Republic v Ndelemani (149 of 2002) [2000] MWHC 19 (04 August 2000);







From the First Grade Magistrate Court at Dalton Road in Limbe Criminal Case No. 78 of 2000

Mwenelupumbe, Deputy Chief State Advocate, for the State
Defendant, present, unrepresented
Kachimanga, the official court interpreter

Mwaungulu, J

The judge who reviewed this matter from the Dalton Road First Grade Magistrate Court thought this Court should review the sentence. The First Grade Magistrate at Dalton Road Magistrate Court at Limbe sentenced the defendant to eight months imprisonment with hard labour. The First Grade Magistrate convicted the defendant of theft by servant. Theft by servant is an offence under section 286 of the Penal Code. The judge probably thought the sentence was manifestly excessive.

There are problems with the date the Registrar set for this Court to review the sentence. The First Grade Magistrate sentenced the defendant on 7th February, 2000. The matter was in this Court two days later. On 9th February the reviewing judge ordered the case to be set down. The Registrar set the case down for 4th August, 2000. This Court has emphasysed matters Registrars should consider when setting appeal or confirmation cases  for hearing. In Republic v Menard and another, Conf. Cas. No. 951 of 1999, unreported, this Court said:

“The Registrar, when setting the case down for 3rd August, 2000, should have regarded the judge’s actual directions, section 15 (4) of the Criminal Procedure and Evidence Code and section 107 of the Prison Act.”

The First Grade Magistrate sentenced the defendant to eight months imprisonment. Factoring in the rebate in section 107 of the Prison Act, the prison authorities should have released the defendant around the 7th July, 200. Setting the case for review for 4th August, 2000 undermined the efficacy of the review process. Were this Court to reduce the sentence the defendant would have served the objectionable sentence. Conversely,  were the Court to enhance the sentence, this Court is reluctant, properly in my view, to recall a prisoner already released to serve an enhanced sentence. The Registrar or those in charge of the criminal appeal and review list should set cases in a way that preserves the review or appeal process.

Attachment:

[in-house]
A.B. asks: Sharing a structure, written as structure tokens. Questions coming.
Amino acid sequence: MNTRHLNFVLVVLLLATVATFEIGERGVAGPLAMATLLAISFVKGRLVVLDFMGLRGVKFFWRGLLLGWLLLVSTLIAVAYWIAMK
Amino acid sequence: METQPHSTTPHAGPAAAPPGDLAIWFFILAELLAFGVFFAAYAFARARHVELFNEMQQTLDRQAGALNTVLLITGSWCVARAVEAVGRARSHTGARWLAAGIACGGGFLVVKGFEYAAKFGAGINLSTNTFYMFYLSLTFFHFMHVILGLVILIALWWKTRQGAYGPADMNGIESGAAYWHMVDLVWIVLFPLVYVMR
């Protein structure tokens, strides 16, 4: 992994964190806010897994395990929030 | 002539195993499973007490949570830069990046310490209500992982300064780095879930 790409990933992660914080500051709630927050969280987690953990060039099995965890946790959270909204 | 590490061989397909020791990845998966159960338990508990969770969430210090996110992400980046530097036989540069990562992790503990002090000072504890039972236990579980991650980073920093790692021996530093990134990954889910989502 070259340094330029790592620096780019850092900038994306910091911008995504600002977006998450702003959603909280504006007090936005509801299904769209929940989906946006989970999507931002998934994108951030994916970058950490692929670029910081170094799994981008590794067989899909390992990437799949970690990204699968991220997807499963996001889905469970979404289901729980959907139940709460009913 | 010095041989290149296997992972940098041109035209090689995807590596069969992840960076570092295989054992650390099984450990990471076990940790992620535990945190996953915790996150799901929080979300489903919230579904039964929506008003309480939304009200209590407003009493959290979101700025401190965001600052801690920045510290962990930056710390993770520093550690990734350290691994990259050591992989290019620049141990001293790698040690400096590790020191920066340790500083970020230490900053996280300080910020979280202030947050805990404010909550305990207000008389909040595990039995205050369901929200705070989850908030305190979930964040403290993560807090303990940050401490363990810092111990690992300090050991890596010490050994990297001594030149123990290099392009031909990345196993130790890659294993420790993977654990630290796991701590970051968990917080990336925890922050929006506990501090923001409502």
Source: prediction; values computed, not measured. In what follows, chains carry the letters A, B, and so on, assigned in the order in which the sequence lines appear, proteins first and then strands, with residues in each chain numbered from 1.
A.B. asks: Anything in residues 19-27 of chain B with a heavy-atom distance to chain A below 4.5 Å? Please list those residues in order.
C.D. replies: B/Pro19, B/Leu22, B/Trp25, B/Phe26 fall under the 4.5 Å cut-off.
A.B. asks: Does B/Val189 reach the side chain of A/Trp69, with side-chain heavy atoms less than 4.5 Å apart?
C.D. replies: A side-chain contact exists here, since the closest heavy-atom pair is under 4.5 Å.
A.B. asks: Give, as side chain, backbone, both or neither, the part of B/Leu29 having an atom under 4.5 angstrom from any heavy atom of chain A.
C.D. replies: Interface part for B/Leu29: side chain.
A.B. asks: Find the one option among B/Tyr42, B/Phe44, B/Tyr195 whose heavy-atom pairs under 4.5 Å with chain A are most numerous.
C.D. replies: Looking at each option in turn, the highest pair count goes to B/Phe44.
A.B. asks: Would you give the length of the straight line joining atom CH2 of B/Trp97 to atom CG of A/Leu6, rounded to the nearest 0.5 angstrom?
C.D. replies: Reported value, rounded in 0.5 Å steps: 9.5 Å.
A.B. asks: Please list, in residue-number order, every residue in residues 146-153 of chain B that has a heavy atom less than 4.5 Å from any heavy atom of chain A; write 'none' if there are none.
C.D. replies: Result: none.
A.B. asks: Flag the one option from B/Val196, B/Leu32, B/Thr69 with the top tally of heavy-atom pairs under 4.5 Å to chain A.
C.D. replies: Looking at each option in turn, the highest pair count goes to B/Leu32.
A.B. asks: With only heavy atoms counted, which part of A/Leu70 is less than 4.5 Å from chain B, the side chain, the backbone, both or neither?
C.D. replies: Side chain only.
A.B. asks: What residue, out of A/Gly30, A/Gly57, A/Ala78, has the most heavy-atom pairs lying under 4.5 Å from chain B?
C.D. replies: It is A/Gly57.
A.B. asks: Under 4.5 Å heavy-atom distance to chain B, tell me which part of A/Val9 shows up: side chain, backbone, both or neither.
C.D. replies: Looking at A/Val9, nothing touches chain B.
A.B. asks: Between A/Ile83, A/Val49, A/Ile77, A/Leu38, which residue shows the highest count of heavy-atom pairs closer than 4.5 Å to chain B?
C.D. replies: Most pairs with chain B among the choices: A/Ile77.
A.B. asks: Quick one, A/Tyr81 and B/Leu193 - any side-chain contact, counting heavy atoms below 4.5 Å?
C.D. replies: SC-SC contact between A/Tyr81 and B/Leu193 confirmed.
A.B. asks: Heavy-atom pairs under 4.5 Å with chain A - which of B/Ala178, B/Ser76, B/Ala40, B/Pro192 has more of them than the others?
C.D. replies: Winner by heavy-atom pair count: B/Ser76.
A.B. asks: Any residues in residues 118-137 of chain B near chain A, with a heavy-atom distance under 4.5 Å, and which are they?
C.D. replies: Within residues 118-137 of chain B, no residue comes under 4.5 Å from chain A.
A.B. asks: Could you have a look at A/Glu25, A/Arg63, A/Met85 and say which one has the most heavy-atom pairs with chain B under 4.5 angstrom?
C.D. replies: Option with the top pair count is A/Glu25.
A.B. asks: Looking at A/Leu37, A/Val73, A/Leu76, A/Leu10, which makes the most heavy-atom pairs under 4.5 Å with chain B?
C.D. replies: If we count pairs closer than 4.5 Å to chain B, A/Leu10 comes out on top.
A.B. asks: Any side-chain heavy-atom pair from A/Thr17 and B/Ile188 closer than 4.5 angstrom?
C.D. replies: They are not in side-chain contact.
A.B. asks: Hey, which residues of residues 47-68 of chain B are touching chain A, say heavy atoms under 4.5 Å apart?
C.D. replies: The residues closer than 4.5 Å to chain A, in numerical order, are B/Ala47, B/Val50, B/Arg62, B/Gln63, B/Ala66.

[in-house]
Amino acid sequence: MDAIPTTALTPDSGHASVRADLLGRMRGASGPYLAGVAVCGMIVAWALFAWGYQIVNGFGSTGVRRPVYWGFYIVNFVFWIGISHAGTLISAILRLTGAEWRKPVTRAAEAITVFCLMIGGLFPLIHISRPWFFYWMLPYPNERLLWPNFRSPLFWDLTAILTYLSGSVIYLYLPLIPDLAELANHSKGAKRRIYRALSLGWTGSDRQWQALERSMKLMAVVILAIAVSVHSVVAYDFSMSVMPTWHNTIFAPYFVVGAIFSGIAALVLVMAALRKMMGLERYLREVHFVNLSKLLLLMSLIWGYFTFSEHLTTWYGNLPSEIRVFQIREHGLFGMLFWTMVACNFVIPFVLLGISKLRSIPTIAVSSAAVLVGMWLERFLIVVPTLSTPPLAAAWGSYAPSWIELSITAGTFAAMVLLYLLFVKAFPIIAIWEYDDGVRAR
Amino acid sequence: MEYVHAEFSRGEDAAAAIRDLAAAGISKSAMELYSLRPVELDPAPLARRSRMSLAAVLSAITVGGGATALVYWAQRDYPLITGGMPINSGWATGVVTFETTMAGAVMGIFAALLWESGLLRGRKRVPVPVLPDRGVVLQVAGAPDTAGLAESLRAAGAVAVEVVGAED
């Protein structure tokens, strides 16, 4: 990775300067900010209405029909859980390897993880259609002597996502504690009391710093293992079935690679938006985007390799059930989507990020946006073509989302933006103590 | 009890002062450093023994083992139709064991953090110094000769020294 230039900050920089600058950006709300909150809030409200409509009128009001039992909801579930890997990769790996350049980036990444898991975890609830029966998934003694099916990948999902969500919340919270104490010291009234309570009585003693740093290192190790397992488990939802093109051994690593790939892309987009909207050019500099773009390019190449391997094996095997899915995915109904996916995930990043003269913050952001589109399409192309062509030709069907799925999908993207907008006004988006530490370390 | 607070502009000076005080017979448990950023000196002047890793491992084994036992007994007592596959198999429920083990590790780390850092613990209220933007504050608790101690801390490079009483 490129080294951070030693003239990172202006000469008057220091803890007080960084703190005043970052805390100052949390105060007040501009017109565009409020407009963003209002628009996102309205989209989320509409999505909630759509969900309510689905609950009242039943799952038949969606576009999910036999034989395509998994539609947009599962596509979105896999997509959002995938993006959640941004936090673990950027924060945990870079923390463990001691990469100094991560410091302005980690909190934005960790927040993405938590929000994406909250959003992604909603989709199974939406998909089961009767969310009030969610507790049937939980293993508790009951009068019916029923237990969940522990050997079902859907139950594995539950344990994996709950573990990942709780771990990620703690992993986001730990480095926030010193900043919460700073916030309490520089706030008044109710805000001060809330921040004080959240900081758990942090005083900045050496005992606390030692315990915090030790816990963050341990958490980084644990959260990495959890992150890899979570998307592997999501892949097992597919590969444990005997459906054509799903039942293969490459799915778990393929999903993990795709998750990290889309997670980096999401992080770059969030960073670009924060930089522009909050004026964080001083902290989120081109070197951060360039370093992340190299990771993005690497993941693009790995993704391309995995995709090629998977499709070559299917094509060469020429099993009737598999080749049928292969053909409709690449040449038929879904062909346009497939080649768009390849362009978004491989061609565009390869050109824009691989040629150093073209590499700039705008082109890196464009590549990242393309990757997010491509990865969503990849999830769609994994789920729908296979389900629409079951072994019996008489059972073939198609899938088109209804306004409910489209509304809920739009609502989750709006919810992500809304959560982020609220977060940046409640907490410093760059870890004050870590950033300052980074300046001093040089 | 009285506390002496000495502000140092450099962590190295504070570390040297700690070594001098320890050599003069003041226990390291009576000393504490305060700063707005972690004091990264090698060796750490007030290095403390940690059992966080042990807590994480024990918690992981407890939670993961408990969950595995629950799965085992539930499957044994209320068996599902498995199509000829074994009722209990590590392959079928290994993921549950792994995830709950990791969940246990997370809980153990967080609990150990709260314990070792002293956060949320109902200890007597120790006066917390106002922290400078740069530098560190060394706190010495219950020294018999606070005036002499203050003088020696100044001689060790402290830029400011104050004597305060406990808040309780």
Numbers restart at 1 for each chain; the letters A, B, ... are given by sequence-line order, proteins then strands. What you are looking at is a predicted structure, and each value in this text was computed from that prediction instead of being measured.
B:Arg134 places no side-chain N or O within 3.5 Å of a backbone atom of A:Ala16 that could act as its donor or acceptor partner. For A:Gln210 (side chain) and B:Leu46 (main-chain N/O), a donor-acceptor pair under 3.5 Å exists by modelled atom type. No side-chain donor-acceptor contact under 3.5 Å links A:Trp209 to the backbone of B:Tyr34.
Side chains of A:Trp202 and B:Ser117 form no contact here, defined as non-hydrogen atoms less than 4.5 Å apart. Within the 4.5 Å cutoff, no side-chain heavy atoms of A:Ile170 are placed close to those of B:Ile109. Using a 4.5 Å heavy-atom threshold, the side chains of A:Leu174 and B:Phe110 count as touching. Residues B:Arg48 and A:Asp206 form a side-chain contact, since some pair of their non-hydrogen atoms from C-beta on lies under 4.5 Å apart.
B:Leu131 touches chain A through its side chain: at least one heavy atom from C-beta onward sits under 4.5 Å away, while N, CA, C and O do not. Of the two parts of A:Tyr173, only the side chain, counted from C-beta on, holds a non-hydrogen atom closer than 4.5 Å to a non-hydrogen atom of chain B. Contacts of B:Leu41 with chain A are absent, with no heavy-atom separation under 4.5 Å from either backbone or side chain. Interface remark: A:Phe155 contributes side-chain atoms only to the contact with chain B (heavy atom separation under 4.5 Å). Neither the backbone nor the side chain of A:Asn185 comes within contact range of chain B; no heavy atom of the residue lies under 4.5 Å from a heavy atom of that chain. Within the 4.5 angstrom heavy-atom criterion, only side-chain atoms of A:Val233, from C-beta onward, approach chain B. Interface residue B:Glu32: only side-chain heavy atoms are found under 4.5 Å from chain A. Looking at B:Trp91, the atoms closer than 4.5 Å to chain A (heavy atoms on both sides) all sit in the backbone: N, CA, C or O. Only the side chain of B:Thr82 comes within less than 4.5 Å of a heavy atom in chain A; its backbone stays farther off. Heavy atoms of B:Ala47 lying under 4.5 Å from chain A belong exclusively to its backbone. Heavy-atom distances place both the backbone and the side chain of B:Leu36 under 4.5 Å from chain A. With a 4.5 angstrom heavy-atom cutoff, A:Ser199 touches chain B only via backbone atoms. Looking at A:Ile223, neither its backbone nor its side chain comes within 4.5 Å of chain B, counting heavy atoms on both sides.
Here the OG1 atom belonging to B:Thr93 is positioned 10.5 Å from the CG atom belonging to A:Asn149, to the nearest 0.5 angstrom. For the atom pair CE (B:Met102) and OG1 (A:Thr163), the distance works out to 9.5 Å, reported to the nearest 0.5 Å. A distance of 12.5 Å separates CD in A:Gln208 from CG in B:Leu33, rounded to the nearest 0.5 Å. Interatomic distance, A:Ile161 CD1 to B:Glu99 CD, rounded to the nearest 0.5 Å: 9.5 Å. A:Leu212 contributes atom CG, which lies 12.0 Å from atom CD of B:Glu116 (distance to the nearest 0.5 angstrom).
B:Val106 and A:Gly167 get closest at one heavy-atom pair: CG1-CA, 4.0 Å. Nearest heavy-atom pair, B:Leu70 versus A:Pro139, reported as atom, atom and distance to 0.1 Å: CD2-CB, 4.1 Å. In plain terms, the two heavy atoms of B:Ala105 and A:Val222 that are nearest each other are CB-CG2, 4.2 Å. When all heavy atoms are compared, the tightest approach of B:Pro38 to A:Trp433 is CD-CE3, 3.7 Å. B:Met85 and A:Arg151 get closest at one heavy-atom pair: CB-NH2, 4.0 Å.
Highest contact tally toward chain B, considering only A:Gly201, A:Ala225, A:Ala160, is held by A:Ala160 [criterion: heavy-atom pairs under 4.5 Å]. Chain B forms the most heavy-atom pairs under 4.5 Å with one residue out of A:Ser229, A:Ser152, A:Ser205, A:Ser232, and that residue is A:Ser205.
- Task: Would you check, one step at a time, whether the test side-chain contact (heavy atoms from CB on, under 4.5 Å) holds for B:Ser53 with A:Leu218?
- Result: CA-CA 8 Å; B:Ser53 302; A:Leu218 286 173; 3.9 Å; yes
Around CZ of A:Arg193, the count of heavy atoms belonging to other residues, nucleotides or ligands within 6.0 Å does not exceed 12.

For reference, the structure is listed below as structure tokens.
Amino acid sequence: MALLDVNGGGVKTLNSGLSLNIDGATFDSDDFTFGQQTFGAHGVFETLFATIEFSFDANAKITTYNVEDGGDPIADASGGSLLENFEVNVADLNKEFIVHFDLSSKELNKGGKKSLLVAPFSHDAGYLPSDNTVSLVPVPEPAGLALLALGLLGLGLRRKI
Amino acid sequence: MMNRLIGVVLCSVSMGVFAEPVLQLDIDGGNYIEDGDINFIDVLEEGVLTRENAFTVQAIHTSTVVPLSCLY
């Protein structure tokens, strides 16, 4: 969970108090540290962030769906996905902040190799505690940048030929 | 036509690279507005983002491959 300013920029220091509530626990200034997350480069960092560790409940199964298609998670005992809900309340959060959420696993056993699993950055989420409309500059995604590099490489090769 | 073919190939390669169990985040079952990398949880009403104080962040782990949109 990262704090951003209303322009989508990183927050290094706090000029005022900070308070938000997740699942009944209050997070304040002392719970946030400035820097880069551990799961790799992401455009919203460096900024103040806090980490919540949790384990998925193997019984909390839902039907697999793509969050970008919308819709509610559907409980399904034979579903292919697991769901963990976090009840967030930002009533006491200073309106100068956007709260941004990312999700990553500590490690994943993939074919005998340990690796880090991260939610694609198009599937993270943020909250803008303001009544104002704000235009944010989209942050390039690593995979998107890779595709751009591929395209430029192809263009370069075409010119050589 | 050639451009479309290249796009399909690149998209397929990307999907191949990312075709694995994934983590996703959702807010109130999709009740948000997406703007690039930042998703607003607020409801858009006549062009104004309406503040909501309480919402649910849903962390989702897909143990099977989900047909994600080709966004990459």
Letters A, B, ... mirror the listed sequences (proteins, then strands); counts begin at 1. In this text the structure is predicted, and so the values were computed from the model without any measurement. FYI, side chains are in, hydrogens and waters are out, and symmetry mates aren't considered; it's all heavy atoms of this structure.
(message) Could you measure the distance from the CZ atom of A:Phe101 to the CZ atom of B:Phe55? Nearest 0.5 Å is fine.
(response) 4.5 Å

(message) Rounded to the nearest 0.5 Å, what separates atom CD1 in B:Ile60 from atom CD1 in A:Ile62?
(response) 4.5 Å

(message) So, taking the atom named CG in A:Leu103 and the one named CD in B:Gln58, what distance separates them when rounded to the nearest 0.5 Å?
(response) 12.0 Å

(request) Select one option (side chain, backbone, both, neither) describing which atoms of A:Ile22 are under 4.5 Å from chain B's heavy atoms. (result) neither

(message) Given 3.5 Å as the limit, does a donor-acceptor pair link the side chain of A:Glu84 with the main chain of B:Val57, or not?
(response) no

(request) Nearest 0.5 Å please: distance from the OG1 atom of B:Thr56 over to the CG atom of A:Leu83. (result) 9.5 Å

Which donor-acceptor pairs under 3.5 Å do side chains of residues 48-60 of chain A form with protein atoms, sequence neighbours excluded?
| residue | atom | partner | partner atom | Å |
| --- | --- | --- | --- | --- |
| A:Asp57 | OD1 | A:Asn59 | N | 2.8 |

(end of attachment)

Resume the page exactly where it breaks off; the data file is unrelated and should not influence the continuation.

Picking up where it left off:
There is no problem where, like here, this Court confirms the sentence. Confirmation, where the judge has set the matter to be reviewed, is, however, the exception rather than the rule. Gross injustice  to the prisoner or the public may be occasioned by not timeously setting the appeal or review on time.  This may occur where this Court intends to enhance or reduce the sentence. 

There were many mitigating factors.  In this matter the defendant pleaded guilty to the charge. He stole K5, 000.00 at Caltex Limited where he was employed.   He was offending for the first time.  He is only 23 years of age.  He made his mitigation statement without legal advice.  He did not make the most of the opportunity.  All he raised are problems the children and family would have if the lower court sent him to prison.  The First Grade Magistrate never, properly in my view, considered these aspects.  In Republic v. Asidi and another, Conf. Cas. No. 955 of 1999, unreported, this Court said:

“Imprisonment certainly involves hardship to family or dependants.  Courts always hear these pleas. They are matters that defendants must expect if they commit crimes. If courts listen to these pleas more often, they will be preoccupied with the plight of the defendant’s relations and ignore the crime the defendant has committed. It is only where there is prospect of serious hardship to family that courts out of mercy allow for domestic considerations.”

The First Grade Magistrate considered that the defendant was young and offending for the first time.  He thought however, that the offence is serious and that it involved breach of trust.  He also thought  he should pass a sentence that deters others from crime.